Want to take a degree that is definitely in demand? Try building! We're short of graduates in this area, so most graduates get jobs quickly. Building graduates make excellent surveyors, and that's currently one of the jobs that employers find hardest to fill, so there are great opportunities available of you want to try your hand at a surveying career. Building graduates also go into jobs in site and project management and other high skilled parts of the construction industry. There are jobs to be had in most parts of the country, so if you're technically-inclined and want to work somewhere specific, it might be worth considering this as an option. Building graduates are more likely than most to start their career with an employer who gave them work experience, so it’s particularly worth trying to secure links with industry if you take this degree.

What about your long term prospects?

Looking further ahead, below is a rough guide for what graduates went on to earn.

Quantity surveying

The graph shows median earnings of graduates who achieved a degree in this subject area one, three and five years after graduating from here.

£19k

£19k

£22k

£22k

£23k

£23k

Note: this data only looks at employees (and not those who are self-employed or also studying) and covers a broad sample of graduates and the various paths they've taken, which might not always be a direct result of their degree.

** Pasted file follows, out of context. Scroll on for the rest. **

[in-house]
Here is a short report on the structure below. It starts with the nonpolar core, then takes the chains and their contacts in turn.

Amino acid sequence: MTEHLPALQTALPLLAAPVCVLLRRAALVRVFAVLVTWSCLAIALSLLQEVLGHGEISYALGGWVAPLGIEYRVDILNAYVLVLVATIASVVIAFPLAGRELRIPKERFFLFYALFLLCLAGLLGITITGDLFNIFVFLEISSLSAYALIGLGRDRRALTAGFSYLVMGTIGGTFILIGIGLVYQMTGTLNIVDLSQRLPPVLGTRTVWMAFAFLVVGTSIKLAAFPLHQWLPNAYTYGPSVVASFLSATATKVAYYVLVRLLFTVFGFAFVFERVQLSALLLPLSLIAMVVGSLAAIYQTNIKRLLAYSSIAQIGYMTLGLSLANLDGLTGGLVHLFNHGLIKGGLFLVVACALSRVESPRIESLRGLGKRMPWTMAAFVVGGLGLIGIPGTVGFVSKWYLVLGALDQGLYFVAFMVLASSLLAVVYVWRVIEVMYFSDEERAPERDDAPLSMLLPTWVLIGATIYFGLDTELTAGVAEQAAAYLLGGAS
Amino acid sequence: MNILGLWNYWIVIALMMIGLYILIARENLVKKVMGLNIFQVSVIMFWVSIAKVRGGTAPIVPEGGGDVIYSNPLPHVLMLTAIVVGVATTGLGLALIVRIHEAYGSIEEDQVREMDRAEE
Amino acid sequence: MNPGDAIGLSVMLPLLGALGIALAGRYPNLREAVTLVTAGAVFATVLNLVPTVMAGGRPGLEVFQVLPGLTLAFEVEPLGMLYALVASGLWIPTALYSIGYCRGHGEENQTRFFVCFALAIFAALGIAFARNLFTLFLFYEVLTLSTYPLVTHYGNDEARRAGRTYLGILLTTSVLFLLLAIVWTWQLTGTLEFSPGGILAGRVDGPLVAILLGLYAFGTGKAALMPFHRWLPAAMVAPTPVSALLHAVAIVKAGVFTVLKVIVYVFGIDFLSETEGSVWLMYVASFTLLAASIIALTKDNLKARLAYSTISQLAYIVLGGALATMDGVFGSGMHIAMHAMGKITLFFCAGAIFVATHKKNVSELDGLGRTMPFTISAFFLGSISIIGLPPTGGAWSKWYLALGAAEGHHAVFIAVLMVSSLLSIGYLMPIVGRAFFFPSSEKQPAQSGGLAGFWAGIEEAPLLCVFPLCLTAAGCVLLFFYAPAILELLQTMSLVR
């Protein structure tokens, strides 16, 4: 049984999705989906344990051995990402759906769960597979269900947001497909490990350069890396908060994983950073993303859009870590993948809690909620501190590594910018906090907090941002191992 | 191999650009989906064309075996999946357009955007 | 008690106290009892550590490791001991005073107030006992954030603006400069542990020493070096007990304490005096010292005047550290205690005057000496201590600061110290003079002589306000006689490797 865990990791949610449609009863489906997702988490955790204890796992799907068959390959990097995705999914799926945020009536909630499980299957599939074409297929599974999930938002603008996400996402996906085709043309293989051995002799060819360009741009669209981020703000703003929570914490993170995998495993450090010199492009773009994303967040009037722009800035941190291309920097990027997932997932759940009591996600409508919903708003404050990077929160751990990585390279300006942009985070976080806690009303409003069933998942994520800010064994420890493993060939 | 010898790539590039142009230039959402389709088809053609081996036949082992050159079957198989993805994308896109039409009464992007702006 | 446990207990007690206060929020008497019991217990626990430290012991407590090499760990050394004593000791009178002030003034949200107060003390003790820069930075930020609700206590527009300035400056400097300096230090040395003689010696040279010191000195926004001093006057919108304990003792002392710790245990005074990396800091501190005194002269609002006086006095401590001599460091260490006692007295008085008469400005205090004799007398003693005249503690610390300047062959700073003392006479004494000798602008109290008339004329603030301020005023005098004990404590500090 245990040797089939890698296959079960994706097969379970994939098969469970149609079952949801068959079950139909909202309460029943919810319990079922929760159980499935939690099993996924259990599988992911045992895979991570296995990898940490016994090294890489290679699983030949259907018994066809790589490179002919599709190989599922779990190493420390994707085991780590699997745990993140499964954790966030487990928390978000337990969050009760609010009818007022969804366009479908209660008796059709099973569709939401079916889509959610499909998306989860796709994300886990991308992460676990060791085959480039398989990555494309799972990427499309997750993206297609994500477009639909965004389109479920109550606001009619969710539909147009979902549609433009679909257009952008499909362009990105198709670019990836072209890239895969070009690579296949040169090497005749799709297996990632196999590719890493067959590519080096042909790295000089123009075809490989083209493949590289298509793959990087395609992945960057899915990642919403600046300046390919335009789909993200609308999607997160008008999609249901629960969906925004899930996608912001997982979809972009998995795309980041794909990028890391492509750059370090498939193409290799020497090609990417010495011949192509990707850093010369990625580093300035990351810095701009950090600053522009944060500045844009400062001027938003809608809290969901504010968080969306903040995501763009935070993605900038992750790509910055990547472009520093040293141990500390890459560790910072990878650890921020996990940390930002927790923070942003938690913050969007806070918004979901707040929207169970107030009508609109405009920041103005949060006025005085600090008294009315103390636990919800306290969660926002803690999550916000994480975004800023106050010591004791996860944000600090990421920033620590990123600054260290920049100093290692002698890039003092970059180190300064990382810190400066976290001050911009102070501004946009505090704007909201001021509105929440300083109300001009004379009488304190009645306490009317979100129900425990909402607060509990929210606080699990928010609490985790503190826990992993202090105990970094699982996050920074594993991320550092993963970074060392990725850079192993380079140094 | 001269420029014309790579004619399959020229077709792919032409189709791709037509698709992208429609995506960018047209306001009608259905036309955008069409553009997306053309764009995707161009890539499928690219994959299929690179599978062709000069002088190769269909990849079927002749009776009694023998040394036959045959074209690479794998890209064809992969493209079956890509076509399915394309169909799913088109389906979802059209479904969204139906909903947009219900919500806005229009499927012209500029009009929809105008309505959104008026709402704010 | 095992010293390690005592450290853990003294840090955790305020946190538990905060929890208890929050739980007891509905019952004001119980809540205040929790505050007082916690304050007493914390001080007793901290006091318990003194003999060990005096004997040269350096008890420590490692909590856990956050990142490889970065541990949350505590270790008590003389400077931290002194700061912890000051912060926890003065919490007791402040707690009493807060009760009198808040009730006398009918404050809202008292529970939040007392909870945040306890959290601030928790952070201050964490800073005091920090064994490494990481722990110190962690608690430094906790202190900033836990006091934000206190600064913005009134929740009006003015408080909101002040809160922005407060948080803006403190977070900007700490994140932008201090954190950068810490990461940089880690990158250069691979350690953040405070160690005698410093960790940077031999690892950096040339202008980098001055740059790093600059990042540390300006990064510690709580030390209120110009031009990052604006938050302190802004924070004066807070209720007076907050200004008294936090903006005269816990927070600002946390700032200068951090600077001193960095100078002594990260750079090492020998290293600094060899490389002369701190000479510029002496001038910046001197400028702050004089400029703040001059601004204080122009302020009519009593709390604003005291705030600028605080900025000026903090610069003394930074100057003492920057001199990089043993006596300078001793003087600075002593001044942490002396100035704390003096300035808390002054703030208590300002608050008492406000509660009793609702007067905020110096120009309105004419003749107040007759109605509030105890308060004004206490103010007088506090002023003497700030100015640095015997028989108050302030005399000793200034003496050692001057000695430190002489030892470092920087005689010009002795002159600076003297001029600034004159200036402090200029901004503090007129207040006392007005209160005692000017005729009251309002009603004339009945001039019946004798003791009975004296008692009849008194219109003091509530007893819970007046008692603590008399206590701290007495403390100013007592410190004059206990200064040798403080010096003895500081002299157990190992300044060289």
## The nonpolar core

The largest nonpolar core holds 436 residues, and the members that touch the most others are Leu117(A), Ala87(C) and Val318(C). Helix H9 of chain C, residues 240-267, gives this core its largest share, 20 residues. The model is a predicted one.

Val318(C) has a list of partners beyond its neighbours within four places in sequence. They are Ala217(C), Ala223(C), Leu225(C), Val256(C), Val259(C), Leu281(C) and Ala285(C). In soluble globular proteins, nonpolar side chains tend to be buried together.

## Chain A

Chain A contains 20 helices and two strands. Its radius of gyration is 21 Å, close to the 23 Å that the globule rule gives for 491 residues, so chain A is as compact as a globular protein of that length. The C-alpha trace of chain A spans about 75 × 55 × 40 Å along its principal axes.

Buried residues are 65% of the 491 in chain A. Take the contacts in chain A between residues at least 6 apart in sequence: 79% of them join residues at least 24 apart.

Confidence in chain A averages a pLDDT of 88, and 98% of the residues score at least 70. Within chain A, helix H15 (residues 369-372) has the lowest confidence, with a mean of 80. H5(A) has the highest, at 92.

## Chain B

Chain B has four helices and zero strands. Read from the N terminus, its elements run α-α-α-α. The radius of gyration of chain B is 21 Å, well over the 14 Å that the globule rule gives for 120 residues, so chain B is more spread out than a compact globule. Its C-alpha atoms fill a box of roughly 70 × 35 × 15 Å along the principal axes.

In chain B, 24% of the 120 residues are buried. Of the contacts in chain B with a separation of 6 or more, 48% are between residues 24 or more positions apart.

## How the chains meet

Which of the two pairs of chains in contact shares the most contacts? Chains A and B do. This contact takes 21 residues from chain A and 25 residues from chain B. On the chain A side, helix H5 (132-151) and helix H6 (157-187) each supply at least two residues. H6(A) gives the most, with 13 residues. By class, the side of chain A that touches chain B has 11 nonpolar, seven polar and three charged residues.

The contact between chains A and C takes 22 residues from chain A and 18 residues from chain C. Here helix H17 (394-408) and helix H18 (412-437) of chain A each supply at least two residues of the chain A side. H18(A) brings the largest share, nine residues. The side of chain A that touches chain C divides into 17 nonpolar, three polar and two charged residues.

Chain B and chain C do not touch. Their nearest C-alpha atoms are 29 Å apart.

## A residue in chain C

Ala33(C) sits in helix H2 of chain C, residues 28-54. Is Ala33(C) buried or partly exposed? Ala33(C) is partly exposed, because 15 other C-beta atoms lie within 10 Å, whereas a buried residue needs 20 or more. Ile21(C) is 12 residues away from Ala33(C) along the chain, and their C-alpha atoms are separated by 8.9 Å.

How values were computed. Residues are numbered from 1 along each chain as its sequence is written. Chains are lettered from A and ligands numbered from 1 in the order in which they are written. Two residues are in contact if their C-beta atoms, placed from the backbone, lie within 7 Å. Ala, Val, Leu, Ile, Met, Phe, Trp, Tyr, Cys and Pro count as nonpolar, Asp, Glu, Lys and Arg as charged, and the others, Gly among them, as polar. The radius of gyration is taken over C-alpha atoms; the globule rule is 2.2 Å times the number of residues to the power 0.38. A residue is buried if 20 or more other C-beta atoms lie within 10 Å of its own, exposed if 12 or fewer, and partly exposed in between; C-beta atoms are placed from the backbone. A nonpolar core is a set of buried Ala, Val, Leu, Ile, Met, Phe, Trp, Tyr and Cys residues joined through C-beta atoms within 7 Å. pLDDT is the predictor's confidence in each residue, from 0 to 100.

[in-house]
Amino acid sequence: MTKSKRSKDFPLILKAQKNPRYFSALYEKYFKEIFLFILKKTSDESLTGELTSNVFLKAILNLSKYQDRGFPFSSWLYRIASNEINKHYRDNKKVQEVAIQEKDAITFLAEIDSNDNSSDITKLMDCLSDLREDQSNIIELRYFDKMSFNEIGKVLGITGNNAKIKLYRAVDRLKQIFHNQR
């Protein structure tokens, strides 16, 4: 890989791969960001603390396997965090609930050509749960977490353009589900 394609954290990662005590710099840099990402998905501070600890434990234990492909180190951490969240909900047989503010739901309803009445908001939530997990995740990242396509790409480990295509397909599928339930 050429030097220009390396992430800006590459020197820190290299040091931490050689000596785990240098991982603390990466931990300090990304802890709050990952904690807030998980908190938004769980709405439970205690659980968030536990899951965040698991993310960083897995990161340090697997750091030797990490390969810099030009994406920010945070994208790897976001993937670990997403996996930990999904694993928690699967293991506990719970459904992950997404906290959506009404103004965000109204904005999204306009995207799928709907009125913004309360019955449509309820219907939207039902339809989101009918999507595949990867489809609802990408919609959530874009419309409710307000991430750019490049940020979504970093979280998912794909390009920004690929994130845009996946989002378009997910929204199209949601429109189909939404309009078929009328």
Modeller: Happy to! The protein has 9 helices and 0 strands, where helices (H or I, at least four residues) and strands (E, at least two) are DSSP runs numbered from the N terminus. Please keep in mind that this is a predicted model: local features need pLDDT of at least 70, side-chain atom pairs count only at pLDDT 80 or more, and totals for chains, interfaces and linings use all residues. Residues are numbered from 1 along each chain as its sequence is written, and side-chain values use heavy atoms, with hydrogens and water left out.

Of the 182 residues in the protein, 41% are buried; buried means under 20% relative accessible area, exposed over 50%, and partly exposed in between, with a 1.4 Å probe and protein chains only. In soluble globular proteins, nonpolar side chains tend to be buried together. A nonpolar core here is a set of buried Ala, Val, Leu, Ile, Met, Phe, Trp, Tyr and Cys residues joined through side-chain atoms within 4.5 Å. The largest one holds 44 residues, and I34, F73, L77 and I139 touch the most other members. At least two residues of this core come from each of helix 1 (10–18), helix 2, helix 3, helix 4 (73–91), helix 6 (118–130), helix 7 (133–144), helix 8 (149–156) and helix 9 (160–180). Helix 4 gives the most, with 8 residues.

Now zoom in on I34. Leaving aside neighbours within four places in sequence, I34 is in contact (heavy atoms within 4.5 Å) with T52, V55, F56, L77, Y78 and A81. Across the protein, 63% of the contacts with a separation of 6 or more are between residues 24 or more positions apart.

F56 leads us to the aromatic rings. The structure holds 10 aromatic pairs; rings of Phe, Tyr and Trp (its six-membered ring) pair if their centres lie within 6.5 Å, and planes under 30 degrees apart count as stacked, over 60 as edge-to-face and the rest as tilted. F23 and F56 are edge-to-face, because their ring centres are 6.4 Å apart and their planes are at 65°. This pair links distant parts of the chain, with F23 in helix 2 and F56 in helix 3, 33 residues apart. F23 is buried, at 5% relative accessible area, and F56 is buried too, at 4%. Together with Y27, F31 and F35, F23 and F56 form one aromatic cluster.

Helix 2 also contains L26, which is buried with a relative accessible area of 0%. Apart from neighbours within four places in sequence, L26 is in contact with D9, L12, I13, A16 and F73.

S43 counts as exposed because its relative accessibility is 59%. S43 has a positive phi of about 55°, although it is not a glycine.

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This is what the university has told Ucas about the criteria they expect applicants to satisfy; some may be compulsory, others may be preferable.

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This is the percentage of applicants to this course who received an offer last year, through Ucas.

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This is what the university has told Ucas about the course. Use it to get a quick idea about what makes it unique compared to similar courses, elsewhere.

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Course location and department:

This is what the university has told Ucas about the course. Use it to get a quick idea about what makes it unique compared to similar courses, elsewhere.